(March 17, 2007) -- Muralist Art Mortimer (foreground with hat), volunteers and city staffers gathered at Orange Ave./7th St. as part of a continuing project (additional volunteer dates scheduled, see below) to bring a future landmark to life: a mural depicting landmarks of LB's Craftsman district.
The Craftsman District was once marked by an abundance of sturdy, early 20th century bungalows...many of which remain despite early-mid 1980s City Council actions that invited speculators to buy the bungalows, destroy them and construct multi-unit apartments ("crackerboxes") on the lots. City Hall's actions, which were strongly opposed at the time by neighborhood activists, were supported by developers, then-city management and much of LB's establishment. The result is now generally regarded as a self-inflicted wound that destroyed a LB asset and bequeathed negative impacts from increased density to the immediate area and citywide.
Since then, residents and taxpayers have spent volunteer time and public money to overcome the damages done. The Craftsman Village Mural Project, funded by taxpayers through LB's Neighborhood Services Bureau & Dept. of Parks, Recd & Marine, highlights the neighborhood's history and still remaining assets.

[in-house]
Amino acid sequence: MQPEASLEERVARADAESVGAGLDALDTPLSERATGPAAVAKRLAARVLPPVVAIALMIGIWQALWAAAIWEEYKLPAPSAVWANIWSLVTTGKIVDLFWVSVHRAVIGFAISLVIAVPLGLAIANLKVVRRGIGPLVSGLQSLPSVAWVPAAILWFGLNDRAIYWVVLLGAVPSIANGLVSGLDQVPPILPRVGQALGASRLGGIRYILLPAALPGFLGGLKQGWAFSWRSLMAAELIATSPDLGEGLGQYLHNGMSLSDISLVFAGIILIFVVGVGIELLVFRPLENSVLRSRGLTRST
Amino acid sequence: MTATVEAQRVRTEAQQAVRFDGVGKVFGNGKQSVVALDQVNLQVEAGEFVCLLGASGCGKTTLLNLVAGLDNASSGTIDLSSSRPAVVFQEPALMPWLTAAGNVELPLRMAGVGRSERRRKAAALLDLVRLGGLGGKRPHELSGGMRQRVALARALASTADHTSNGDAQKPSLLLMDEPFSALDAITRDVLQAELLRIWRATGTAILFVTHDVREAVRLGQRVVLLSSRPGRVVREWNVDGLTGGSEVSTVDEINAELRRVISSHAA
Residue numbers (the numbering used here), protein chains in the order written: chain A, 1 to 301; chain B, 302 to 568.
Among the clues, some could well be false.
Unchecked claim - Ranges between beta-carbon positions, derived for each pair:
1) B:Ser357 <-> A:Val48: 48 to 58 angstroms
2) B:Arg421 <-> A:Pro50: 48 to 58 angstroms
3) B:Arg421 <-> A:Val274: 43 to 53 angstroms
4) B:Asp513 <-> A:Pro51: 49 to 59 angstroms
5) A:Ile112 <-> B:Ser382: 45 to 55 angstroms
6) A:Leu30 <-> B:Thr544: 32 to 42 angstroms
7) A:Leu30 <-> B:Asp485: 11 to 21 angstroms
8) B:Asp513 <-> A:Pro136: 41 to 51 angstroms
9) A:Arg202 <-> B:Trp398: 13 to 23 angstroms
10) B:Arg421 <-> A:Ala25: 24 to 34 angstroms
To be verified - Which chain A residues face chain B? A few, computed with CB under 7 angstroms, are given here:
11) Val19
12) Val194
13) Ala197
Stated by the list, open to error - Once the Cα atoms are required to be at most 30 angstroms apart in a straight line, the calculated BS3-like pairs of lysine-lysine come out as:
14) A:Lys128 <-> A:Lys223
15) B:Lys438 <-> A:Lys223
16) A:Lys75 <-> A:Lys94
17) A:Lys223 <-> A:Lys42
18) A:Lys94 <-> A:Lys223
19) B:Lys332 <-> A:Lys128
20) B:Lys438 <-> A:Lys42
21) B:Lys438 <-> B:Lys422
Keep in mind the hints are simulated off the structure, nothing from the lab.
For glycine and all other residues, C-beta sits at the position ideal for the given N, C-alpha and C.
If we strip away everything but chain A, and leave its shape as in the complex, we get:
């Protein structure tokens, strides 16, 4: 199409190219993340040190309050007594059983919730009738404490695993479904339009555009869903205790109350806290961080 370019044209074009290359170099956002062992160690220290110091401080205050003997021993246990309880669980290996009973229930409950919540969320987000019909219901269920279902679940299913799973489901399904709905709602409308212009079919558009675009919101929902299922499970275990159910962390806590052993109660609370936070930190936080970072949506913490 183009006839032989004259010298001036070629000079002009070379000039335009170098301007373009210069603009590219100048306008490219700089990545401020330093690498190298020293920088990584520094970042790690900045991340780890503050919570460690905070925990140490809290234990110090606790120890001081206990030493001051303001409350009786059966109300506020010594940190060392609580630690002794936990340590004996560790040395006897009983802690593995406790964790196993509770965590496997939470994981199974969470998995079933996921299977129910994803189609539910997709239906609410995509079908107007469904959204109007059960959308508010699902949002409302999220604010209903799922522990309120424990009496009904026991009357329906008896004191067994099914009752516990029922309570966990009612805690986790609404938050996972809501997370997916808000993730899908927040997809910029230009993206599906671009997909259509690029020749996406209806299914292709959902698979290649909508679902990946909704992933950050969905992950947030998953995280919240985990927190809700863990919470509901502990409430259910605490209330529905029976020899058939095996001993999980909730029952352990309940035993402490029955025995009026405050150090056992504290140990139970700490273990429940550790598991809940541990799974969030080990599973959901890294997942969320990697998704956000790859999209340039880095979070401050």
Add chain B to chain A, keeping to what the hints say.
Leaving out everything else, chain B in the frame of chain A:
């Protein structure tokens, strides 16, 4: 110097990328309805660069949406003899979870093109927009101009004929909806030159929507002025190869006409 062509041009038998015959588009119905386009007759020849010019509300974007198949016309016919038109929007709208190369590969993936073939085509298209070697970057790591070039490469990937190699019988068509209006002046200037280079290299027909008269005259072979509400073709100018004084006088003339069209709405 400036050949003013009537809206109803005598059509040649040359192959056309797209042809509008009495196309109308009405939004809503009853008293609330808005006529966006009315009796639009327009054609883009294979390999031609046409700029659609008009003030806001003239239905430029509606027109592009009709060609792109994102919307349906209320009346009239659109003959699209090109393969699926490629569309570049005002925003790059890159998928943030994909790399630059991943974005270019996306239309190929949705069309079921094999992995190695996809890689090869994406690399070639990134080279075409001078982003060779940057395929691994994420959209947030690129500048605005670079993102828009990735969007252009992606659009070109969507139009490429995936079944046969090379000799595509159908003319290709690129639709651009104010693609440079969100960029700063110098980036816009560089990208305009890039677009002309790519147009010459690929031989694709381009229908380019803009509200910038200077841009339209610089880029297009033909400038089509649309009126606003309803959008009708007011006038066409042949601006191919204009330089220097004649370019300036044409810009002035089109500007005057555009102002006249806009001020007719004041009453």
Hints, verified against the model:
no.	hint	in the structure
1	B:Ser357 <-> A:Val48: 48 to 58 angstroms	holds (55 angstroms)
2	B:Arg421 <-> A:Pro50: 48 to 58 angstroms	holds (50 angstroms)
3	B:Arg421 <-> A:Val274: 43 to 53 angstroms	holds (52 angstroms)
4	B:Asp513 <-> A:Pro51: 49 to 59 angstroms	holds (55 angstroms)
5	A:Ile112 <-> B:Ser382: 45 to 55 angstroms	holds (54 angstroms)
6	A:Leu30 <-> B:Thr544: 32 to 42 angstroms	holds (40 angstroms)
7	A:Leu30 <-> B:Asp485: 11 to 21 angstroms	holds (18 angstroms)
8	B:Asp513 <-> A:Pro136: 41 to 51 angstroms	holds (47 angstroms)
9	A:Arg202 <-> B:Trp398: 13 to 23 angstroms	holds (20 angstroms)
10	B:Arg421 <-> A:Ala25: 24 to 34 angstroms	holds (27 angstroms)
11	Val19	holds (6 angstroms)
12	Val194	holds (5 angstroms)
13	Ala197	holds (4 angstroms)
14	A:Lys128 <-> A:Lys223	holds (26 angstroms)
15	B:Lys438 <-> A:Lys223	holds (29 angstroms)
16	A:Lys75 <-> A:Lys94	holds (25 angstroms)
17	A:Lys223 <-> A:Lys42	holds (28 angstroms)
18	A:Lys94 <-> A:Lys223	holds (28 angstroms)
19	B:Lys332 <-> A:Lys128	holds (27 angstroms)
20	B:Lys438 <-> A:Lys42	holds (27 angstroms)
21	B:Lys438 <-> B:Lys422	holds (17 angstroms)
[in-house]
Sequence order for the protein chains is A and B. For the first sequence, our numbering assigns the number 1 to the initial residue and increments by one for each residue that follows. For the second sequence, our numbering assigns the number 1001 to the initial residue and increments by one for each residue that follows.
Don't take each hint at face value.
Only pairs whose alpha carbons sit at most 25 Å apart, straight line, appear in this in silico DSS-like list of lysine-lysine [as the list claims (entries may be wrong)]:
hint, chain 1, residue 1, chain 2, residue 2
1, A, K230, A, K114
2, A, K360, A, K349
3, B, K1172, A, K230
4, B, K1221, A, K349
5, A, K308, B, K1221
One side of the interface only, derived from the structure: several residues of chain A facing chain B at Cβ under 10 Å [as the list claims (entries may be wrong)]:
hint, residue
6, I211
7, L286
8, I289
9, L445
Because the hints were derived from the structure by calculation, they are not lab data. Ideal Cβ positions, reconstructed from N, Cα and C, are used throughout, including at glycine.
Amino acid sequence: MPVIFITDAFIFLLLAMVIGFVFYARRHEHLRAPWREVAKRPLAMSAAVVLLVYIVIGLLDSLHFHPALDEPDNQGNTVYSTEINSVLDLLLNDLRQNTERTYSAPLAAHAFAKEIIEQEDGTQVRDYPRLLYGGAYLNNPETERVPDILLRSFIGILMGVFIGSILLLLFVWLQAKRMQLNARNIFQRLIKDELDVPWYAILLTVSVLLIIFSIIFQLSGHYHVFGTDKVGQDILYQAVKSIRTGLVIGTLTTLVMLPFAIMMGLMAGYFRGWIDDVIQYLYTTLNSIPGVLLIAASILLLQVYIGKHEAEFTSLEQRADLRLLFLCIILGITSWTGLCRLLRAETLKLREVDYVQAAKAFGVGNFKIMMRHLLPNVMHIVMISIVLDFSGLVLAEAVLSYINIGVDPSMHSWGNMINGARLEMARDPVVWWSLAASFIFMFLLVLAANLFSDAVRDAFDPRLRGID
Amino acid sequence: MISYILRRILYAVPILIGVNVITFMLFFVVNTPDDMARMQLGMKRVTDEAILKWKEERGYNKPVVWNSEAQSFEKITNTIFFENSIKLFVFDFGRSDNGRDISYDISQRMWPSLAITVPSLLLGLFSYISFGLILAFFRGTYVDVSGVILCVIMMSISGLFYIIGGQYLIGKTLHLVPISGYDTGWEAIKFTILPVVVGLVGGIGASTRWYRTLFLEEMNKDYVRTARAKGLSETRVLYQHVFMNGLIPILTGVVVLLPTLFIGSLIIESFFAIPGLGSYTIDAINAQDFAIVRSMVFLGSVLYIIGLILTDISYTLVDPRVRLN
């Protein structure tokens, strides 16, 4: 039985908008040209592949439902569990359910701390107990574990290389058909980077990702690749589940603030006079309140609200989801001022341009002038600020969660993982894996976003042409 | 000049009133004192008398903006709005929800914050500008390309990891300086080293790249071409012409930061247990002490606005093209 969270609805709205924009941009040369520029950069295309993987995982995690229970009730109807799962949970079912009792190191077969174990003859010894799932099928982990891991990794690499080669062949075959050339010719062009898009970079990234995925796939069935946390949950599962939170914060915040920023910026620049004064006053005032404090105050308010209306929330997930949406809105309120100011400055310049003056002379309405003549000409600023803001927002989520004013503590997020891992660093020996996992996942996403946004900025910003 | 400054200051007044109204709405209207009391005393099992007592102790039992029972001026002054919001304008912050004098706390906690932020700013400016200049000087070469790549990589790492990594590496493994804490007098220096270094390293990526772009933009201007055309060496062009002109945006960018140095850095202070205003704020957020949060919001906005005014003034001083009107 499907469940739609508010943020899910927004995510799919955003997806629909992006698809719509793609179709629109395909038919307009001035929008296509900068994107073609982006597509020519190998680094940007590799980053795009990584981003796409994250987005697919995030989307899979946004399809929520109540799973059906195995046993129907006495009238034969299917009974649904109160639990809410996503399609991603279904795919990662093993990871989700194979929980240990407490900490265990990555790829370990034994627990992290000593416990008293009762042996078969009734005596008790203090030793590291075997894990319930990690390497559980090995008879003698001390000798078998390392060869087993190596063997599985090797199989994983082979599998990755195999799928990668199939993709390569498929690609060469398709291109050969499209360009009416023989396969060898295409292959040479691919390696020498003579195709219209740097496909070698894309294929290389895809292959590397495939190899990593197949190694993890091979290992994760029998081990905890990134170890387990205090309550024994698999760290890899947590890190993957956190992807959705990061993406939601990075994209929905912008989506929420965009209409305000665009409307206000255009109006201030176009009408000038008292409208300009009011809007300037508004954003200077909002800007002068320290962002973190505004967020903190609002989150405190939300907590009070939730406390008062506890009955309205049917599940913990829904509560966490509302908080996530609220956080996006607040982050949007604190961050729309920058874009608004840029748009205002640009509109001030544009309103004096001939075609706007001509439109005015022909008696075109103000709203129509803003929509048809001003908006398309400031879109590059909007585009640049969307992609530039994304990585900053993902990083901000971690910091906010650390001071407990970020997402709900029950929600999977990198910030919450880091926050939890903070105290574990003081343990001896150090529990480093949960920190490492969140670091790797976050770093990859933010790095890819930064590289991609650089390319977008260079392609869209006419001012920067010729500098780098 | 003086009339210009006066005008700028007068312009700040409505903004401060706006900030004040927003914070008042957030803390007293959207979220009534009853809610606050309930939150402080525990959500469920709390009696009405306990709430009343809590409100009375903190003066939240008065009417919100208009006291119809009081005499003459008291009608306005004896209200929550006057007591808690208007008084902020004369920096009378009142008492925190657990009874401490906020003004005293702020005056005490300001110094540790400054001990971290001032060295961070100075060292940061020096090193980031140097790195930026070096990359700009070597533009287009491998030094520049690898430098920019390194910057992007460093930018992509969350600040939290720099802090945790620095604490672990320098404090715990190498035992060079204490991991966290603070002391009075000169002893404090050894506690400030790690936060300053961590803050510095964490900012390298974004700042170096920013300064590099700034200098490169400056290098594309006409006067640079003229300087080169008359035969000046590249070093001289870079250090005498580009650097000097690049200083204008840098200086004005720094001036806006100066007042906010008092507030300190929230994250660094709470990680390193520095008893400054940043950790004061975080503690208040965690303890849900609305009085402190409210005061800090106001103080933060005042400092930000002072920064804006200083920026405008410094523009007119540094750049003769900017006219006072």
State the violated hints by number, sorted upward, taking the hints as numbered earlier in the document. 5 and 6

Muralist Art Mortimer, who created the Veterans mural (funded by LB's Redevelopment Agency) at the southern gateway to NLB's Houghton Park, used a similar technique in the Craftsman mural, basing his work on real photographs and local history.
Among the mural's images is a decades-old photo of a neighborhood family whose then-kids included Dennis Thys...who today (blue shifted in photo, right) is Manager of City Hall's Neighborhood Services Bureau. Mr. Thys was among the volunteers getting a cup of paint (not java).
LBReport.com was on-scene for the March 10 painting session seen in photos on this page...and former neighborhood resident Thys highlighted some of the neighborhood assets highlighted on the mural. These include nearby Toledo Walk (not to be confused with The Toledo in Naples). Toledo Walk is just that, a walk -- a sidewalk and lamps but not a street for cars -- an amenity built nearly a century ago to permit residents to enjoy a quiet evening stroll.
Also among the mural volunteers (seen signing-in) was Katrina Reynolds from Mayor Foster's office.
The Dept. of Parks, Recreation & Marine, through its Community Recreation Services "Leading Youth Through Positive Play" program, has scheduled additional teen volunteer dates for March 21 & 23 (2-5 p.m.) and Saturday March 24 (9:30 a.m.-3:30 p.m.) Further info is available from Jose Loza or Heather Green at (562) 570-1786.
The Craftsman mural is tentatively scheduled for completion in April. Works by muralist Art Mortimer now grace much of LB...including north of Cesar Chavez Park and in Cal. Hts. on Orange Avenue.
And a political footnote: Fallout from Council's 1980's infamous "crackerbox" decision includes the 1992 election of then CSULB professor and then-leftish LBACI activist Alan Lowenthal to the 2nd district City Council seat. Lowenthal was elected after sandpapering the incumbent on the crackerbox issue. He's since ascended to Sacramento while his former wife Bonnie and daughter in law Suja are now on the City Council.